Los Farallones

Dispatches from Point Blue’s field station on the Farallon Islands National Wildlife Refuge

The Wonderful WEGU

Spring and Summer on the Farallon Islands is abundant with breeding seabirds (13 species, to be exact), but Western Gulls are one of my favorites to observe.  One of my tasks on the island requires me to monitor a small plot of breeding Western Gulls.  There are four gull plots on the island, each of which is packed with birds whose age we know from their unique band combinations – as they were banded as chicks.   Each year has a new cohort combination (usually a color band on one leg and a numbered metal band on the other), so we can easily identify the year in which a particular bird was born.  Gulls are very territorial, and banding them allows us to follow their breeding attempts throughout their entire lives (up to 34 years!) as part of PRBO’s long term seabird research. 
This bird has a metal band on the left leg and a white band on the right leg, indicating is was banded in 2008.
In the beginning of the season, I was given a map of my gull plot and a list of birds that were known breeders in that plot.  Western Gulls usually return to the same nest site every year to breed.  Each site is marked with a stake that is painted with the year the bird was banded and the cohort number.
The bird that belongs to this stake was born in 2002 and was the second bird from that year to return to the study plot to breed.

One of the main tasks early in the season was resighting banded birds in each gull plot.  Resighting requires us not only to record the band combination of each bird, but to also read the numbers engraved on the metal bands.

An engraved metal gull band.
It sounds easy enough, but it gets tricky, as gulls can be pretty clever.  They are very aware of your watching them and every time you move to get a better look at the band numbers, the bird will also move so you only see numbers you’ve already seen.  Sometimes you have to get sneaky- pretend you’re looking at something else until you’re in a position to read the entire metal band and turn around quickly, before the bird has time to react.


Farallon biologist resighting Western Gulls.
In May, the gulls started laying eggs.  We number them so we know the order they were laid in, and later, the order in which they hatch.  This helps us keep track of the productivity of each known-age gull.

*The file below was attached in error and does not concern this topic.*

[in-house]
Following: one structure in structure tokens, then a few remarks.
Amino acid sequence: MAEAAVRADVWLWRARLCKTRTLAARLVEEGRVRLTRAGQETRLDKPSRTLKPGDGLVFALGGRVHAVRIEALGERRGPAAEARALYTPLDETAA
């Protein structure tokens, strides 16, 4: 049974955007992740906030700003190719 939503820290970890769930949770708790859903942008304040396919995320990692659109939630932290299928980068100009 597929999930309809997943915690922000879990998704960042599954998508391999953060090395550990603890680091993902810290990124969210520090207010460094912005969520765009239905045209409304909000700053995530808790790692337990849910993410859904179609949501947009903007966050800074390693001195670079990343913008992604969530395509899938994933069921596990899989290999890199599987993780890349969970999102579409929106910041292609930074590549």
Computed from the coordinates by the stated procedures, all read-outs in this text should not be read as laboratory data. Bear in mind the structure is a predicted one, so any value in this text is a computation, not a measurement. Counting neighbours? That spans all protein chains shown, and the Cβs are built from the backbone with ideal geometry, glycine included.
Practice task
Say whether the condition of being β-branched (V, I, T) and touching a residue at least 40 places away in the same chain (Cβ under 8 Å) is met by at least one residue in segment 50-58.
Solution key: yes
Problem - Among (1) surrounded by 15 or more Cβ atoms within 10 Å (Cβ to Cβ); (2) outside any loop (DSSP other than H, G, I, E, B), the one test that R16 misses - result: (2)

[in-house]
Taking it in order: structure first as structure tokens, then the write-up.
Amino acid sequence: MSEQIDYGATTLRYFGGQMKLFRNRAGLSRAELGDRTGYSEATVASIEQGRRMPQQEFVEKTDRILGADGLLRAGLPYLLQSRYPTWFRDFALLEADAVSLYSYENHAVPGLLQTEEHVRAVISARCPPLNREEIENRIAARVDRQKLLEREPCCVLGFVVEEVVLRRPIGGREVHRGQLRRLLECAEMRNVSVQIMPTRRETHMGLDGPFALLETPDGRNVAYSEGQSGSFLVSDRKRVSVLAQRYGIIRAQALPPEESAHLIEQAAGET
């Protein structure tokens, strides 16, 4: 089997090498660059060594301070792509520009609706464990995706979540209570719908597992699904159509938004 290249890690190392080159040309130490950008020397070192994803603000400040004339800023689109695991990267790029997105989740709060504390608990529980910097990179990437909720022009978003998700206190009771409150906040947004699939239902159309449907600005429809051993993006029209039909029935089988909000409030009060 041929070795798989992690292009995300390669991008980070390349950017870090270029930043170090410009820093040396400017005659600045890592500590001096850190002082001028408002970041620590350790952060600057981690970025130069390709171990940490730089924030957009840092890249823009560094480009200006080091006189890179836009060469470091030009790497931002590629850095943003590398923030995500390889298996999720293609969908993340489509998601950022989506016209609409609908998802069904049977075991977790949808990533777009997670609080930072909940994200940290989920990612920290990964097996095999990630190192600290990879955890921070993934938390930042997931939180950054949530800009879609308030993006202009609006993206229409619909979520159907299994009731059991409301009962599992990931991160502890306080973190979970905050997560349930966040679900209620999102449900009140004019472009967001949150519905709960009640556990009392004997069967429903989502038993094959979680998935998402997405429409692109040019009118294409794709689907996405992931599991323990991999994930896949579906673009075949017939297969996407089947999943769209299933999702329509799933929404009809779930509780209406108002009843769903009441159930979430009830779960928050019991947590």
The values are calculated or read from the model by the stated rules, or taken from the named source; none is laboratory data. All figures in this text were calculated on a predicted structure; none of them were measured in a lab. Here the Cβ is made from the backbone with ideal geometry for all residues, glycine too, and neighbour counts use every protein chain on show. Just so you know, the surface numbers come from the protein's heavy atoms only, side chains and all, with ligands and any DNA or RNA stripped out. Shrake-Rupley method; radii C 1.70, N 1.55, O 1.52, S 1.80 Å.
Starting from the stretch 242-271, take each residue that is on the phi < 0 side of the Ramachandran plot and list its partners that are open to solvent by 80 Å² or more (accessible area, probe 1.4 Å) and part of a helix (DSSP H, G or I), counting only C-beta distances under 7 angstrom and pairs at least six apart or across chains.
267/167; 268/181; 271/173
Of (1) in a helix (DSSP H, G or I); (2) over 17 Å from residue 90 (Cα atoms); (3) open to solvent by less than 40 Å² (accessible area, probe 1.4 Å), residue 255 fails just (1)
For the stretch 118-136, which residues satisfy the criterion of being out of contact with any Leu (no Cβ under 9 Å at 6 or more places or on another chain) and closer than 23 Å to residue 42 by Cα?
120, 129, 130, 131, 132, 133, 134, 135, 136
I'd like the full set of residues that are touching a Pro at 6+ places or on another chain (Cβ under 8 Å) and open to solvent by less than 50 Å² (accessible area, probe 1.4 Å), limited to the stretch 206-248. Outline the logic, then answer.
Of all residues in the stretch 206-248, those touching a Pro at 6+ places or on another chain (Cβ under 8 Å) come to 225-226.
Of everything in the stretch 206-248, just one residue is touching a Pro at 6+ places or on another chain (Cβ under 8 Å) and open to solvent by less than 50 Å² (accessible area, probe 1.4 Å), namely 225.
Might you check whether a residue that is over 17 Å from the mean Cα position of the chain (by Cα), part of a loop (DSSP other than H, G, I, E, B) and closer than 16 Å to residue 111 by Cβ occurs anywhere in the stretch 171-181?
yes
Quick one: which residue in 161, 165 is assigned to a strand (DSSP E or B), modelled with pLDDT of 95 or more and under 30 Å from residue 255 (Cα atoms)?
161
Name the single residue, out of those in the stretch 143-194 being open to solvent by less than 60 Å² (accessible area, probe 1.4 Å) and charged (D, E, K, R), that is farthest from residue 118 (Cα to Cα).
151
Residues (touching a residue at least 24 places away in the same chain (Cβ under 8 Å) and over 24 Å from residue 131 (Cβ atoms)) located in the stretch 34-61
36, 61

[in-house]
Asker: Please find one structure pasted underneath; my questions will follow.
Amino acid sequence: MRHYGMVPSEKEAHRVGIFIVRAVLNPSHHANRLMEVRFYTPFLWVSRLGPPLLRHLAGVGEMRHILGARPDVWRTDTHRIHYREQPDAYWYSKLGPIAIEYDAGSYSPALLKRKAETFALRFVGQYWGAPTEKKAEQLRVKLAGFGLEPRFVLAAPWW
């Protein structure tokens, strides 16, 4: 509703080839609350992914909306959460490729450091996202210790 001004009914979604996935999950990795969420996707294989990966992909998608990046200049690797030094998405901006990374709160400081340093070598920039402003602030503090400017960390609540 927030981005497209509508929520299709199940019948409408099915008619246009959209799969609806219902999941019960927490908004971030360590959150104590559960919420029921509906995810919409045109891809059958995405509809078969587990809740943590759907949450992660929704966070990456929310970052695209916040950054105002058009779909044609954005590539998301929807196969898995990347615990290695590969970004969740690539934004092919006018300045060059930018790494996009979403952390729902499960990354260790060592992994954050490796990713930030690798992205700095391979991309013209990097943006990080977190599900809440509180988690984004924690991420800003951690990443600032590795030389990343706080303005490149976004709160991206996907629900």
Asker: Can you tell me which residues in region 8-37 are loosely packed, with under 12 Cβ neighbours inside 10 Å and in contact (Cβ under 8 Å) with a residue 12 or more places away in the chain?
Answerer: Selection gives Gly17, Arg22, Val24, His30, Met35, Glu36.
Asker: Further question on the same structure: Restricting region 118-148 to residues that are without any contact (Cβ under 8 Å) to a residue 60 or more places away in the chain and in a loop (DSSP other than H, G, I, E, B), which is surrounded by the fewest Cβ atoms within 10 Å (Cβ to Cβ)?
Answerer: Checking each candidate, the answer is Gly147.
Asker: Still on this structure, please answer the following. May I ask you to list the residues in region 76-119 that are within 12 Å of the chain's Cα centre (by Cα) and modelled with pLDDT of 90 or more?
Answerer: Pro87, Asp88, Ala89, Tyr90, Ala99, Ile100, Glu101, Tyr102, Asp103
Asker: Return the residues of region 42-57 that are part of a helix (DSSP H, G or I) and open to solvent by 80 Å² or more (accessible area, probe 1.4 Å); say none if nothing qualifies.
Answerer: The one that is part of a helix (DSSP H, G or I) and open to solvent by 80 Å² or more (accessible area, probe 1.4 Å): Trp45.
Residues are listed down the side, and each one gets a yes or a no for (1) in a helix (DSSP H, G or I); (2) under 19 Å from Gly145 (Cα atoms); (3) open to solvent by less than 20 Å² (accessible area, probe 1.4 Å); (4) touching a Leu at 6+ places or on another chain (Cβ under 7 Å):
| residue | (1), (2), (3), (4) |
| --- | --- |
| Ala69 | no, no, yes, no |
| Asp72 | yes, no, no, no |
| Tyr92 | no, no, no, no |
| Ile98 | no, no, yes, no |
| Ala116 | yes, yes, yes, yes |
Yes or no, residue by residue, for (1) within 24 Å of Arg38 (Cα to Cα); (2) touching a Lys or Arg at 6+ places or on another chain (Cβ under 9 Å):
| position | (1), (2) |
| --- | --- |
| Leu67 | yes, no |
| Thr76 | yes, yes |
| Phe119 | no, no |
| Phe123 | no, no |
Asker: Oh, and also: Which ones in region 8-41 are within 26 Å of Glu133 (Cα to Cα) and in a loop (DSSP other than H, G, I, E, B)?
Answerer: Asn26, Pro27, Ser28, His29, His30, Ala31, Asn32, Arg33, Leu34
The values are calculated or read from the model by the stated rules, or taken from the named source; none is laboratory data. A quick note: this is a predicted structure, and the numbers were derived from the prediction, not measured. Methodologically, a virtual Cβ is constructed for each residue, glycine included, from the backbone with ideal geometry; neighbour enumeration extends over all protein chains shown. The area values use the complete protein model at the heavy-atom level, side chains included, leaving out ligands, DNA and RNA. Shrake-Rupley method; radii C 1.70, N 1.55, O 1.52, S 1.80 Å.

Numbered Western Gull eggs.
After the chicks hatch, they are given temporary color bands with the nest and chick number.  As they grow older and start to move around, the color bands help us differentiate between chicks from different nests sites.
Western Gull chick with a temporary band.
When the chicks get old enough, they get permanent bands.  This year, the cohort combination is metal on the left leg and red on the right.  This part of gull monitoring is probably the most fun since we were able to go into each followed plot and band all the chicks we could find.  We do this because the chicks that survive will come back to these sites in three years when it’s their turn to breed, and we can follow their reproductive success.
Gull chick banded this year.
At this point in the season, chicks are beginning to fledge.  A chick is considered fledged when it is seen flying.  Walking around the island, we often run into gull chicks that are trying to fly.  They hop up and down and flap their wings, trying to catch the wind.

This Western Gull study allows us not only to monitor the reproductive phenology and success of known-age birds, but also provides us with information on the health and function of the marine ecosystem.  Unfortunately this year, gull reproductive success was very low – while many eggs were laid and hatched, most chicks didn’t survive to fledge. With over 40 years of baseline data on Farallon seabirds, we know that this year’s breeding failure is the worst recorded for Western Gulls in PRBO’s history on the Farallones. This highlights the value of these long term studies to show that we are observing  changes in the ocean that are having strong effects on Farallon wildlife.

Text by Jen Aragon
Photos by Jen Aragon, Annie Schmidt, and Amy Blake